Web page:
Craft beer has become quite a popular thing in America. Unfortunately, when consumers demonstrate their preferences, oftentimes government shows up in an attempt to reverse those preferences.
While there is a lot of cronyism coming out of Washington DC in terms of the government teaming up with big business, it also happens at the state and local levels just as much.
Big businesses don’t like competition, so some of them turn to the government for special favors. In the case of distributing beer, this is exactly what is happening in Texas.
Three craft breweries are challenging a 2013 Texas law that essentially forces breweries to surrender their ability to sell their distribution rights. Instead, they are forced to surrender their rights to distributors without compensation.
It used to be the case that beer distributors would compensate the brewers in exchange for the right to sell their beer to the marketplace. With the new law in effect, the distributors get those rights for free and are then able to sell those rights to other distributors. You can’t make this stuff up.
Of course, this is already hurting consumers, as some small breweries in Texas are putting plans on hold to expand. There will be fewer options for consumers around the state. Unfortunately, these laws are spreading, as Kentucky recently passed something similar.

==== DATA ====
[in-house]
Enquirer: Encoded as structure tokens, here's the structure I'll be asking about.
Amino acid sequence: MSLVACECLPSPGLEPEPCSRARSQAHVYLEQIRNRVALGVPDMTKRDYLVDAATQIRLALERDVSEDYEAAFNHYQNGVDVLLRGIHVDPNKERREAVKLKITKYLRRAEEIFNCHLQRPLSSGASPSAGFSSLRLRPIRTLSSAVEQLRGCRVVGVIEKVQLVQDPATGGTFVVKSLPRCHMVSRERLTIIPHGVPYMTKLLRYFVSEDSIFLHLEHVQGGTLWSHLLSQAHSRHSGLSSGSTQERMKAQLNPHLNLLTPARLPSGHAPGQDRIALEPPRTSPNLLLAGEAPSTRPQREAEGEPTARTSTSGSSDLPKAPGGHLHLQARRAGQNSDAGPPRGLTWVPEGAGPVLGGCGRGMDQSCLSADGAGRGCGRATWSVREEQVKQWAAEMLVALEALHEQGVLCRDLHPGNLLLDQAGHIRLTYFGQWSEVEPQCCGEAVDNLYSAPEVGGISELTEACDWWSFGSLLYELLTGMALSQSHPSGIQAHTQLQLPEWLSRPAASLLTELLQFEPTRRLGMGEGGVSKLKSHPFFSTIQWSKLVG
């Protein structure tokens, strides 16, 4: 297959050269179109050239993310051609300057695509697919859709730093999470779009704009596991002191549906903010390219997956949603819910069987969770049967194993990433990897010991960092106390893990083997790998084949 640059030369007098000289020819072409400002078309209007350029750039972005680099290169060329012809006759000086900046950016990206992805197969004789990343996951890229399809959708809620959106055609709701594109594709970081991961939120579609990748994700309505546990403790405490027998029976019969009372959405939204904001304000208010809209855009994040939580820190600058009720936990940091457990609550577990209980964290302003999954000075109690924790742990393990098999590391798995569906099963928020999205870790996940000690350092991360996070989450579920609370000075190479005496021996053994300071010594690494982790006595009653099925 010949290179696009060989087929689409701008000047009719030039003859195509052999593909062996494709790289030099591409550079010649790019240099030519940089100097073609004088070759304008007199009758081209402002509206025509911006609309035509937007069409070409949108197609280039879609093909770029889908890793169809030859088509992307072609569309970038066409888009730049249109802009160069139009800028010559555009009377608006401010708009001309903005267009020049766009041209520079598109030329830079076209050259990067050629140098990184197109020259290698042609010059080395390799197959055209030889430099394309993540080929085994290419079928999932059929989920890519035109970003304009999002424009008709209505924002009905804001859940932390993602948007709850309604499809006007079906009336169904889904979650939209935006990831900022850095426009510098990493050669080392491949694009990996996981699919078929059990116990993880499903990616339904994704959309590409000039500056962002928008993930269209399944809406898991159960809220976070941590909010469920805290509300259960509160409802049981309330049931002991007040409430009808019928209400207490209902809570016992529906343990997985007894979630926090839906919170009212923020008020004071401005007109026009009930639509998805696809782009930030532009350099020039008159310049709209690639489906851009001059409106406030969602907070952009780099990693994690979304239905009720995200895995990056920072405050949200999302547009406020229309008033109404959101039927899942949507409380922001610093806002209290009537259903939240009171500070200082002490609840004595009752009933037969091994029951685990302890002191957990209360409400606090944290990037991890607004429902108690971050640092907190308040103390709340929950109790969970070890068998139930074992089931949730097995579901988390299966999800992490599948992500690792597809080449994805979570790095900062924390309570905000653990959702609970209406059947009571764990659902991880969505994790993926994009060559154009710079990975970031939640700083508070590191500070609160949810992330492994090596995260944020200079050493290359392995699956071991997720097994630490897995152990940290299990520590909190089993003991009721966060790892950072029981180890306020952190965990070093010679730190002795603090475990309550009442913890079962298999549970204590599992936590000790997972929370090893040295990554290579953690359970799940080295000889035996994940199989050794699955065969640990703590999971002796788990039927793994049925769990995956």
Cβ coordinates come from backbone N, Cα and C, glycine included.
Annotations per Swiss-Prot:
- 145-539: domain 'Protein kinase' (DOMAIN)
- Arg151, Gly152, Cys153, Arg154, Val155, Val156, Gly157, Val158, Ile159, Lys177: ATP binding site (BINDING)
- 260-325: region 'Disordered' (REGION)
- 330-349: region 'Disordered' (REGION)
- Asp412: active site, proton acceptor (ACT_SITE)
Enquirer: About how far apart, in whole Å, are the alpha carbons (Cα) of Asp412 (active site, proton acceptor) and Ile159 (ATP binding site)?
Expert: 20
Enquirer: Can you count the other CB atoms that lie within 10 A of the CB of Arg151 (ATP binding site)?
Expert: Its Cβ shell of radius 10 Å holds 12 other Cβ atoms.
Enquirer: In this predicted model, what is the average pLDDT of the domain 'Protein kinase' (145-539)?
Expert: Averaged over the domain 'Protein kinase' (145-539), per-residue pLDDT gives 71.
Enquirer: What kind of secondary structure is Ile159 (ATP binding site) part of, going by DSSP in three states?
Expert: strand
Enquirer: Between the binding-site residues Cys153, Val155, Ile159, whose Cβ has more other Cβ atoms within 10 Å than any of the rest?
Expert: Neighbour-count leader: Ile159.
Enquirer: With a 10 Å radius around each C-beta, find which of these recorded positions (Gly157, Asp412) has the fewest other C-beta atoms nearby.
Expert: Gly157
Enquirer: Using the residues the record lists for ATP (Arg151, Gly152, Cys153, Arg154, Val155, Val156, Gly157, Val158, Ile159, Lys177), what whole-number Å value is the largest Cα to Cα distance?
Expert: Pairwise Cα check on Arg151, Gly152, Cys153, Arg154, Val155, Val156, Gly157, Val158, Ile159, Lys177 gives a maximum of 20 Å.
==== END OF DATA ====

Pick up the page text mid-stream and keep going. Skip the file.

Three craft breweries are challenging this law in court based on the Texas Constitution, with the help of the Institute for Justice.
No Free Market for Beer
As with so many bad government laws, this stems from previous bad laws. When alcohol Prohibition ended nationally in 1933 (thankfully), some state governments took control of the distribution of alcohol and even the retailing.
However, most states have what is called a three-tier system, which means that there have to be three independent parties in the process of selling alcohol. Producers have to sell their product to wholesale distributors and distributors then sell to retailers. It is then the retailers that may only sell to consumers. As with everything, there are exceptions.
This actually boggles the mind. These laws were ridiculous when passed in the 1930s and they are still ridiculous today. Why can’t a brewery distribute their own beer or sell their beer directly? Why do there have to be independent parties doing this?
(As a side note, the state of Washington repealed its three-tier system in 2011, but it also boasts of having the highest liquor tax in the nation.)
The problem is that we don’t know what would be most efficient in a free market system because it currently doesn’t exist.
If you like to knit blankets and sell them on your own website, should that be illegal? Should you be forced to take your product to an independent distributor who then sells it to an independent retailer?
The problem isn’t just this recent Texas law, but also the laws already on the books. The state legislature should be repealing these archaic laws that were ridiculous and harmful to begin with.
Again, this is just another example of one bad law leading to another. And, of course, we shouldn’t be surprised it is being done as a form of corporate welfare.
This is nothing more than beer fascism, where the government is seeking to control an industry to benefit some at the expense of others. They can’t let consumer demand decide what products are best and how they can be produced and distributed most efficiently.
I’m glad these three breweries are fighting back and that the Institute for Justice is helping. If they succeed, maybe they should go after the silly 1930s era law too.